Full Name: Kenneth Mathieson Dalglish
Date of Birth: 04/03/1951
Regarded as one of the greatest British players of all time, Kenny Dalglish has won an abundance of honours in a career that has nevertheless had plenty of highs and lows. Not only was he hailed as "King of the Kop", but he is also the joint top goal scorer for the Scottish national team. Dalglish is remembered for his ability to score goals and win trophies, whether it is as a player or as a manager.
Kenneth Mathieson Dalglish was born on the 4 March 1951 in Glasgow, Scotland. Although he came from Dalmarnock, which is in the east end of Glasgow, Dalglish grew up near the docklands of Govan, close to Ibrox. As a result, Dalglish grew up supporting Glasgow Rangers.
He was always keen on football but didn’t always play outfield. At Milton Bank Primary School, Dalglish played as a goalkeeper. This didn’t last long though and he played for the Scotland schoolboys at right-half. At the age of 15, he instantly impressed, scoring twice in a schoolboy game against Northern Ireland. The next game Dalglish played was against the England schoolboys. The game finished 1-1 but Dalglish received positive feedback by The People newspaper, which singled out his performance. It seemed that a professional contract was on the cards for this budding young talent.
Like any child growing up, Dalglish wanted to play for the team he supported, but Rangers never approached him. Instead, in May 1967, Celtic manager Jock Stein sent his assistant Sean Fallon to ask Dalglish’s Protestant parents if they would let their son play for Catholic Celtic. Fallon was successful and Celtic loaned Dalglish out to Cumbernauld United, who were a Celtic nursery team. Along with this, he worked as an apprentice Joiner but was offered a professional contract a year later and started to play regularly for the reserves.
After progressing with the reserves, Dalglish made his first team debut on 25 September 1968 in a Scottish League Cup quarter final against Hamilton Academical at Douglas Park. However, it took Dalglish three years to establish himself in a team which weren’t only the best in Scotland, but had become the first British club to win the European Cup, beating Inter Milan 2-1 in the final. Fortunately, manager Stein believed that Dalglish would be a great player so he finally gave him his big break on the 14 May 1971, in a benefit game versus Kilmarnock at Rugby Park. Celtic won 7-2 with Dalglish scoring an astonishing six goals. Not even Stein could predict just how well Dalglish would perform and this seemed to have kick started his playing career.
On the 14 August 1971, Dalglish scored his first competitive goal for Celtic against his boyhood favourites Rangers. The goal came from the penalty spot in a Scottish League Cup game between the Old Firm teams at Ibrox. That season, Dalglish scored 23 goals in 49 games. The following season, Dalglish managed to rack up 41 goals in all competitions and, in his time at Celtic, scored 167 goals in 269 appearances. His goals made him a formidable force for Celtic which was why this inspirational player became captain of the club in the 1975/76 season. Celtic failed to win a trophy that season for the first time in 12 years, but this was maybe due to the fact that manager Stein missed most of the season after being seriously hurt in a car crash.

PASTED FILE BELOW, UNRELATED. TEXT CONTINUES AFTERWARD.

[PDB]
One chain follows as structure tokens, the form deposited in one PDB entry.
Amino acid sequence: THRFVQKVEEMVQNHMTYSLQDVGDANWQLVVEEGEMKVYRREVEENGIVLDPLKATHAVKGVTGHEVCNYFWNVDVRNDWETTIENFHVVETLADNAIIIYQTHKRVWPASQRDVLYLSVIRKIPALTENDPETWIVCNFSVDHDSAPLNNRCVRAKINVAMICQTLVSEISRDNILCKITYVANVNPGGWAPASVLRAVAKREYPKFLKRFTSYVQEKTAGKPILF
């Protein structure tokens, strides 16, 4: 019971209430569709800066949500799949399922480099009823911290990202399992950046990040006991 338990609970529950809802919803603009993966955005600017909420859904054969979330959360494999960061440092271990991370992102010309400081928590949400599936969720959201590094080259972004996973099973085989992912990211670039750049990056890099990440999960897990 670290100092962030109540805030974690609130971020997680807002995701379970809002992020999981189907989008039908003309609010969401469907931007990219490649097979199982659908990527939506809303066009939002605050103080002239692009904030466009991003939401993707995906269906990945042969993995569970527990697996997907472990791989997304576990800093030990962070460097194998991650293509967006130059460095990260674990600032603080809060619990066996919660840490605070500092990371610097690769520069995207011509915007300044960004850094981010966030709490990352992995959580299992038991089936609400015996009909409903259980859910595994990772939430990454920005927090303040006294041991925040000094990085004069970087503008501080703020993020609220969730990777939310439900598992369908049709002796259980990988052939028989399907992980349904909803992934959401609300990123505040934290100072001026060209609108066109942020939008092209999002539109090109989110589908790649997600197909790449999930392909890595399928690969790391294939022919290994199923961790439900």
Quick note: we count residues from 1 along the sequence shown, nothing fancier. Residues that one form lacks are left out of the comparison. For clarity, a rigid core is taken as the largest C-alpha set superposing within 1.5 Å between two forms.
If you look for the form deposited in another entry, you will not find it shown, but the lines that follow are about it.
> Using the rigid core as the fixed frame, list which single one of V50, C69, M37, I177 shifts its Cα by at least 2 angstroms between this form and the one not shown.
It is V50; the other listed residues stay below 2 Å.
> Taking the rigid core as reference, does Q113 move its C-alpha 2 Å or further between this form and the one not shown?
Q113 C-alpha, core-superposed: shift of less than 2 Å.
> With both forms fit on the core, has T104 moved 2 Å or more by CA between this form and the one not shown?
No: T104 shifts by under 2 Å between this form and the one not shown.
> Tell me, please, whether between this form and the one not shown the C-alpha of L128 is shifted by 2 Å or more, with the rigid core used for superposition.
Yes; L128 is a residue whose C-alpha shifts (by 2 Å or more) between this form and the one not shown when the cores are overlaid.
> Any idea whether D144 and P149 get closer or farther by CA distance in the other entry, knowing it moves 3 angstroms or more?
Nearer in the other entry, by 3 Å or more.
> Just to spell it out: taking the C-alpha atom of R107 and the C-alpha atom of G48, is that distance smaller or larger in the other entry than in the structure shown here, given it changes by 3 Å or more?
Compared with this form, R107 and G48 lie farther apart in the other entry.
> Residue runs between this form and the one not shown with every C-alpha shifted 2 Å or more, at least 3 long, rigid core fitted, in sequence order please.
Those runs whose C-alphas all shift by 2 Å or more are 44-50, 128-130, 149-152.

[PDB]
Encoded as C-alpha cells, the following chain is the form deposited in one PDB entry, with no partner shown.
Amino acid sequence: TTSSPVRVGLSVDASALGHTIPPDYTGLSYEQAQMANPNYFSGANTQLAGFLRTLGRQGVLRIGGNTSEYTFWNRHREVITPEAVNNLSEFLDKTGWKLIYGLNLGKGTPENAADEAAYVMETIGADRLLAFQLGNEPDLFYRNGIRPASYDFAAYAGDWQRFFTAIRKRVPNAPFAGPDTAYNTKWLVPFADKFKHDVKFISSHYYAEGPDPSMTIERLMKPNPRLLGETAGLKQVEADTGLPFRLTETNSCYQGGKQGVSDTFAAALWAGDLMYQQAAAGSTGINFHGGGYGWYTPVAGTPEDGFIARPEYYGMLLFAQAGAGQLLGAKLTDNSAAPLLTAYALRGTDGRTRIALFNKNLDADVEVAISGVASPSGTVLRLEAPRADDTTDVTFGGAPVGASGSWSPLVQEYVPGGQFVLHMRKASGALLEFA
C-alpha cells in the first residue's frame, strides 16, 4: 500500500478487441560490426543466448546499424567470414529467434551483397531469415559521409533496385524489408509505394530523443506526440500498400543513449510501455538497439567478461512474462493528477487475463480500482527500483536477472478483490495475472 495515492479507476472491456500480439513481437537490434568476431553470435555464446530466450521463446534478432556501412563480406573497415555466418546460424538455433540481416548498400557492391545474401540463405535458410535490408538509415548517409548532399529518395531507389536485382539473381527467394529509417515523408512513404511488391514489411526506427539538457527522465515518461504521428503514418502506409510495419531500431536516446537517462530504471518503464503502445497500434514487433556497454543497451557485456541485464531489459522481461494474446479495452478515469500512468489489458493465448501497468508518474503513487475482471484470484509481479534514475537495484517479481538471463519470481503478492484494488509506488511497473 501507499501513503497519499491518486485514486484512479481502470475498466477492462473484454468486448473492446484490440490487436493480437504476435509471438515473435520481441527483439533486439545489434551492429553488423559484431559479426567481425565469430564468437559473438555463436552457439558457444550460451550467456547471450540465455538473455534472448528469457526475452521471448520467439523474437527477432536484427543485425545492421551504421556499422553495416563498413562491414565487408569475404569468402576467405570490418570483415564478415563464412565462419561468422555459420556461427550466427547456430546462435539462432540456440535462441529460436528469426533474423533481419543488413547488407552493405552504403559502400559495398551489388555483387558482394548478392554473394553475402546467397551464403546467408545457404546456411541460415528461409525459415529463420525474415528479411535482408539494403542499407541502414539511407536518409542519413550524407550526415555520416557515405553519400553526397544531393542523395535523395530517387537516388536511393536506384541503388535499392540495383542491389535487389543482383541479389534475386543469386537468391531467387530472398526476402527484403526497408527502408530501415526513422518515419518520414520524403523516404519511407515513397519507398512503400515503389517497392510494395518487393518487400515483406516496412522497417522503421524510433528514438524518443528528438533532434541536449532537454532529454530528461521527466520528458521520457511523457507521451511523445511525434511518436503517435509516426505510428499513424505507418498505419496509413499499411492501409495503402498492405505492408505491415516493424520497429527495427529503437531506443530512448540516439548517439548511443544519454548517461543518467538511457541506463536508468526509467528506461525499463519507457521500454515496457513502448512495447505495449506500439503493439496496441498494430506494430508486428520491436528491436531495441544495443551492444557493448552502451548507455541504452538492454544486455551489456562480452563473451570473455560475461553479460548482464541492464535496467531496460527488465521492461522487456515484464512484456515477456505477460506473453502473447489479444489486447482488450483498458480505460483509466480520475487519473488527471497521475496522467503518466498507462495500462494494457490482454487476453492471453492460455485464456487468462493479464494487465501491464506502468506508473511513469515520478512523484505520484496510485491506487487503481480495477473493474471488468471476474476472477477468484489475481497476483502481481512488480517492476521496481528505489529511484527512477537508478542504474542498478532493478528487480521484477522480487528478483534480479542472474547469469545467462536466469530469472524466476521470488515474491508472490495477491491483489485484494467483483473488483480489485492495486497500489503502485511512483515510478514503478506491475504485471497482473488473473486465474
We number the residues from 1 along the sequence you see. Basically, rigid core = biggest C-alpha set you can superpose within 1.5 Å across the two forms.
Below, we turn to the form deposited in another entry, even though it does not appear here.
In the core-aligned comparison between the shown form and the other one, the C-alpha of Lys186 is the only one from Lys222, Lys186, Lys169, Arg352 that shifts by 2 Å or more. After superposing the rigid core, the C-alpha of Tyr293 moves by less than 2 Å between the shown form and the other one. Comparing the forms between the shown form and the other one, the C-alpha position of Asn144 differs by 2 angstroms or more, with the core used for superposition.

The next season Stein returned to Celtic Park and so did the trophies, with the Bhoys winning the league and cup double. Despite this, Dalglish was looking for a fresh challenge, so after winning five Scottish Championships, four Scottish Cup-winners medals and one Scottish League Cup-winners medal, Dalglish was on the move.
Kenny Dalglish bid farewell to Celtic and joined Liverpool on 13 August 1977, for a then record fee of £440,000. Dalglish had a great deal of pressure put on him when he was handed the famous number seven shirt, formerly of Liverpool legend Kevin Keegan, who Dalglish was brought into replace following Keegan’s move to Hamburg. Liverpool had just won the European Cup and Dalglish wanted to imitate this again with the team from Merseyside.
The new Liverpool number seven immediately showed Anfield his worth by scoring on his league debut against Middlesbrough and on his home debut against Newcastle United. The first test Dalglish had was when his new club faced Keegan’s Hamburg in the Super Cup. Liverpool cruised to a 6-0 victory and Dalglish ran the game, leaving Liverpool in no doubt who was the new King of the Kop. That season, Dalglish scored 30 goals and managed to do what he couldn’t do with Celtic – win the European Cup. Liverpool retained the trophy, beating Bruges in the final at Wembley and, to cap off this great achievement, Dalglish scored the only goal of the game with a delicate chip over the Bruges goalkeeper.
In 1980, Liverpool signed Ian Rush and Dalglish was to strike up a good partnership with the Welshman. Dalglish was a fine goalscorer, notching 172 goals in 515 games. However, he also provided many goals for Rush and helped Liverpool be the dominant force in British and European football.